There's a new history curriculum for grade schools in China, and it has a few obvious omissions:
Socialism has been reduced to a single, short chapter in the senior high school history course. Chinese communism before the economic reform that began in 1979 is covered in a sentence. The text mentions Mao Zedong only once — in a chapter on etiquette.The current regime has long since jettisoned most of Mao's ideology, though they are not ready to denounce his atrocities. So they've settled on an oldie but goody - they're going to ignore him. And if this policy remains in place, Mao will fade from Chinese consciousness. This may seem ludicrous. Mao's legacy is ubiquitous in China - how could he be forgotten? But it's easy enough - my students today, born on average in the mid-1980s, not only do not remember Ronald Reagan - many have never heard of him. History, besides the things I listed in the previous post, is what we choose to remember. Those on the right who complain about an overemphasis on minority history in grade school curriculum, or who say there's too much talk about slavery, Indian removal, or the struggles of the early industrial working class, think that these things are unimportant in large part because they don't know much about them. They have, through the choices of their teachers and their own choices in reading, been exposed to a version of history that marginalizes these issues. When they are confronted with a different version of U.S. history, they see it as being incorrect. It is not what they "know" to be correct. If the current curriculum changes remain in place in China long enough, in a generation or so we'll be faced with a nation that "knows" that the legacy of Mao - who? - is trivial.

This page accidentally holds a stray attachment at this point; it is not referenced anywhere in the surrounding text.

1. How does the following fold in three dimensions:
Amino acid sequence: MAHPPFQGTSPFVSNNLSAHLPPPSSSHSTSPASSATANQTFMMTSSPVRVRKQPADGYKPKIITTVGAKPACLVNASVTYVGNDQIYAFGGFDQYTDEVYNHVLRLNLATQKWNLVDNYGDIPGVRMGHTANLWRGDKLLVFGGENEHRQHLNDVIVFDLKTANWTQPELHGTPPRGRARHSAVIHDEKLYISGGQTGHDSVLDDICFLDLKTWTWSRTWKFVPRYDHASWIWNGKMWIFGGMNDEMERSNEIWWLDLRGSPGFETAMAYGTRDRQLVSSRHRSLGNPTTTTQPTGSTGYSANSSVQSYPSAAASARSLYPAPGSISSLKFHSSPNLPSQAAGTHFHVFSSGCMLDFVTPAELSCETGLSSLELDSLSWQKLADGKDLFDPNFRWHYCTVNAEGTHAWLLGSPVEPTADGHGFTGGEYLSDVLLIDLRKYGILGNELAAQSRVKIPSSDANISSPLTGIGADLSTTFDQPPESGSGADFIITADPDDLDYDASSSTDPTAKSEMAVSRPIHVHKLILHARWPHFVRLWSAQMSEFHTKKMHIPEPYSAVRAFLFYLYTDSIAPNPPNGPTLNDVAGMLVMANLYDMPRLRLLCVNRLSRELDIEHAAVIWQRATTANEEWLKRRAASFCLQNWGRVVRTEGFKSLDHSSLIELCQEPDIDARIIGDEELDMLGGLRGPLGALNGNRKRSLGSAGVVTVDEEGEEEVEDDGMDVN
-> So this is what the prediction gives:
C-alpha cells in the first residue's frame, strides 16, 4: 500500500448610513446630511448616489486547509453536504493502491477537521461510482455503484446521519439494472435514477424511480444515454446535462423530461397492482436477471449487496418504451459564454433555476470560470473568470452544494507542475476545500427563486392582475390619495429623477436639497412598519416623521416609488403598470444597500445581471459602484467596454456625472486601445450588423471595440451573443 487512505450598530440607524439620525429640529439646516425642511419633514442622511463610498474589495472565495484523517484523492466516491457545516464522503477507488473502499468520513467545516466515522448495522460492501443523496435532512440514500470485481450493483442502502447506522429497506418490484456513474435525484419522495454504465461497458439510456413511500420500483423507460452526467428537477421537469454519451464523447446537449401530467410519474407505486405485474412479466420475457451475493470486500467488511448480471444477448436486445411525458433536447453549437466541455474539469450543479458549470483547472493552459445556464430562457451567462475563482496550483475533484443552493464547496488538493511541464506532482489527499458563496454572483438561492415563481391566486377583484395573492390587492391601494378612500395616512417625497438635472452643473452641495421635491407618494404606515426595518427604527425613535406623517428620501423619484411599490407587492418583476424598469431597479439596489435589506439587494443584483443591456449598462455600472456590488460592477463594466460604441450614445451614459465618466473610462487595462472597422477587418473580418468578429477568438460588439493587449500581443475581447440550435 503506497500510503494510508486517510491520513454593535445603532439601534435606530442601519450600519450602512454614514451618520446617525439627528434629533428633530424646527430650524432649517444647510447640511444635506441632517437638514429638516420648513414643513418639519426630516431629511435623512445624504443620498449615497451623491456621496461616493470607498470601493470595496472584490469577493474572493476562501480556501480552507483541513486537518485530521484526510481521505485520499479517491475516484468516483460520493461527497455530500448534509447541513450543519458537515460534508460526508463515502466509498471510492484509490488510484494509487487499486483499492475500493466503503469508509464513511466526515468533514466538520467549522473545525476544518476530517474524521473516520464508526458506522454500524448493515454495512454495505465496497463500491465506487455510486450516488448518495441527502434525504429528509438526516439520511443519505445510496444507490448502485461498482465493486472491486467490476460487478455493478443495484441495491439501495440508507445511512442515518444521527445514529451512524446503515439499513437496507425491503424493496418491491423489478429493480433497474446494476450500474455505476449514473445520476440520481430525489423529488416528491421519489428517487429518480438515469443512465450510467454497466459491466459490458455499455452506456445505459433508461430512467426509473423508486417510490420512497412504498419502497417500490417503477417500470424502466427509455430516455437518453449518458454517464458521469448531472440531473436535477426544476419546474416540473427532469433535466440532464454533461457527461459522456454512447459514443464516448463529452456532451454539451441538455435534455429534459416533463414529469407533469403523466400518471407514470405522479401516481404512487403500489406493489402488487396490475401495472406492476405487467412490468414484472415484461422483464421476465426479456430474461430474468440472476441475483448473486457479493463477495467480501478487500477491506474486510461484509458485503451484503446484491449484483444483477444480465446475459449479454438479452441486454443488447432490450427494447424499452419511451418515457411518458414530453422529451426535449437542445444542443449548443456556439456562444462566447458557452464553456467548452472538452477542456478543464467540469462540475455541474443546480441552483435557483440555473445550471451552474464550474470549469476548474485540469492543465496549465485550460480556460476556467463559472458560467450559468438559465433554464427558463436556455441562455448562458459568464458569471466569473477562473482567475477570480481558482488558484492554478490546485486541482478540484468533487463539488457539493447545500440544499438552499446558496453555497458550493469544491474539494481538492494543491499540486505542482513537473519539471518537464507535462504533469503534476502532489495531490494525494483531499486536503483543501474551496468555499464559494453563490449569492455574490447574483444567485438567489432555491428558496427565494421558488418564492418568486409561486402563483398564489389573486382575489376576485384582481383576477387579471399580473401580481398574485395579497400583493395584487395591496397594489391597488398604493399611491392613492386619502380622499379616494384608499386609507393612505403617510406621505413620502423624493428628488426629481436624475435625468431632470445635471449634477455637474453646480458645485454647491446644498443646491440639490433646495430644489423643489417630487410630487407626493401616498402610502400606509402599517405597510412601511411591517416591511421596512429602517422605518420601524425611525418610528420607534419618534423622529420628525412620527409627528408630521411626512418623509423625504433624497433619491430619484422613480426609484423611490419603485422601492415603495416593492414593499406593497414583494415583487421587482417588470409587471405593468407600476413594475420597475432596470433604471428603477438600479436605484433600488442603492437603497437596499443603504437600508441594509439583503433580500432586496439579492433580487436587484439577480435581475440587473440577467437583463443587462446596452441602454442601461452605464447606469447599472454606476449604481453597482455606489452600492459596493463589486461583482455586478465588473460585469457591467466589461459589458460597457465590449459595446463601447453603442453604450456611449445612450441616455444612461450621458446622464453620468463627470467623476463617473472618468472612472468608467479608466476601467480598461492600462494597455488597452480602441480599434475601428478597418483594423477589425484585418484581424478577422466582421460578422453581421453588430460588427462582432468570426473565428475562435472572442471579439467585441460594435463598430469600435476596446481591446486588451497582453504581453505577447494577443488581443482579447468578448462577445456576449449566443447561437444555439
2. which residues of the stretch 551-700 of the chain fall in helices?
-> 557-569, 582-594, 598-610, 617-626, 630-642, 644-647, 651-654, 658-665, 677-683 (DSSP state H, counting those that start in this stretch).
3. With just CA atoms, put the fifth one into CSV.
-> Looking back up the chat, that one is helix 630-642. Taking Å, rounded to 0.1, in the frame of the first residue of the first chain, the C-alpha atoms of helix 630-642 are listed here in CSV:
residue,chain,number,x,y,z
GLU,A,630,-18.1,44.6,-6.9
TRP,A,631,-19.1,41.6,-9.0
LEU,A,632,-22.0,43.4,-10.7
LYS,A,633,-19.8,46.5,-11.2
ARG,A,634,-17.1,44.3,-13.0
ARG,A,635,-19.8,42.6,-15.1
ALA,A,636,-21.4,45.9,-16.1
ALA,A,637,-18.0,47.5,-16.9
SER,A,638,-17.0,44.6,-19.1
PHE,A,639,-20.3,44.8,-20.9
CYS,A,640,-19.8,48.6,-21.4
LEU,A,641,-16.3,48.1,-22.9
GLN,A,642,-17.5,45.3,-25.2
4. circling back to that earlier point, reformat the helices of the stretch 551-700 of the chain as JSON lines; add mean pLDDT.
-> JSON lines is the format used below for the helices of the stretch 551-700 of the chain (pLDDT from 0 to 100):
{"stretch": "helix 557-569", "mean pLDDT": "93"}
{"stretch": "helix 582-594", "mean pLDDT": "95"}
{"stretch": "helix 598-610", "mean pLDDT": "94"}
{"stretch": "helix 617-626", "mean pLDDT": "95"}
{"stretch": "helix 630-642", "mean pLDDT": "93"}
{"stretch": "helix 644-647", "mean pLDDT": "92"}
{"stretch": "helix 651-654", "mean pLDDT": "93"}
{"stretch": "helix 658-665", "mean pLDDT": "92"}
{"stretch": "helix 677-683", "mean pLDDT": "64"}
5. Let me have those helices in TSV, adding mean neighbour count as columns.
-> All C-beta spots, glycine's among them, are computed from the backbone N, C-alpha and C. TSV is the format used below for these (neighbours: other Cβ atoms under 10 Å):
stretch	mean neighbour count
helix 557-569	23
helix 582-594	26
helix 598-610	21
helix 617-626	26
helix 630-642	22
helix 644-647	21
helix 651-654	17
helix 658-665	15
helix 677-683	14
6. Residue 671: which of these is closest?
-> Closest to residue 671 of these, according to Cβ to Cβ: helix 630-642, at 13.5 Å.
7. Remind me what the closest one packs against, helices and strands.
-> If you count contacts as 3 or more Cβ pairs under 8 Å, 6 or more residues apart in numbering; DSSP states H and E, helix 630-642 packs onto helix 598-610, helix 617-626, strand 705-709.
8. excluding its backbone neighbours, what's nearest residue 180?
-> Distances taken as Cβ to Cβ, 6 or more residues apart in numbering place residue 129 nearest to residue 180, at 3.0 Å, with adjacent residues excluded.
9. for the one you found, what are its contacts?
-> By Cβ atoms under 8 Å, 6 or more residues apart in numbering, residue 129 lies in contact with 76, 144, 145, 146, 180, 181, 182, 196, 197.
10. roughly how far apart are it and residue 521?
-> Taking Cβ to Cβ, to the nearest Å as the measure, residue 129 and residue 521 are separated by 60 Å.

It's really that simple to remake the past. If you control the conversation about the past, you can turn the past into anything you want. You can even make Mao disappear.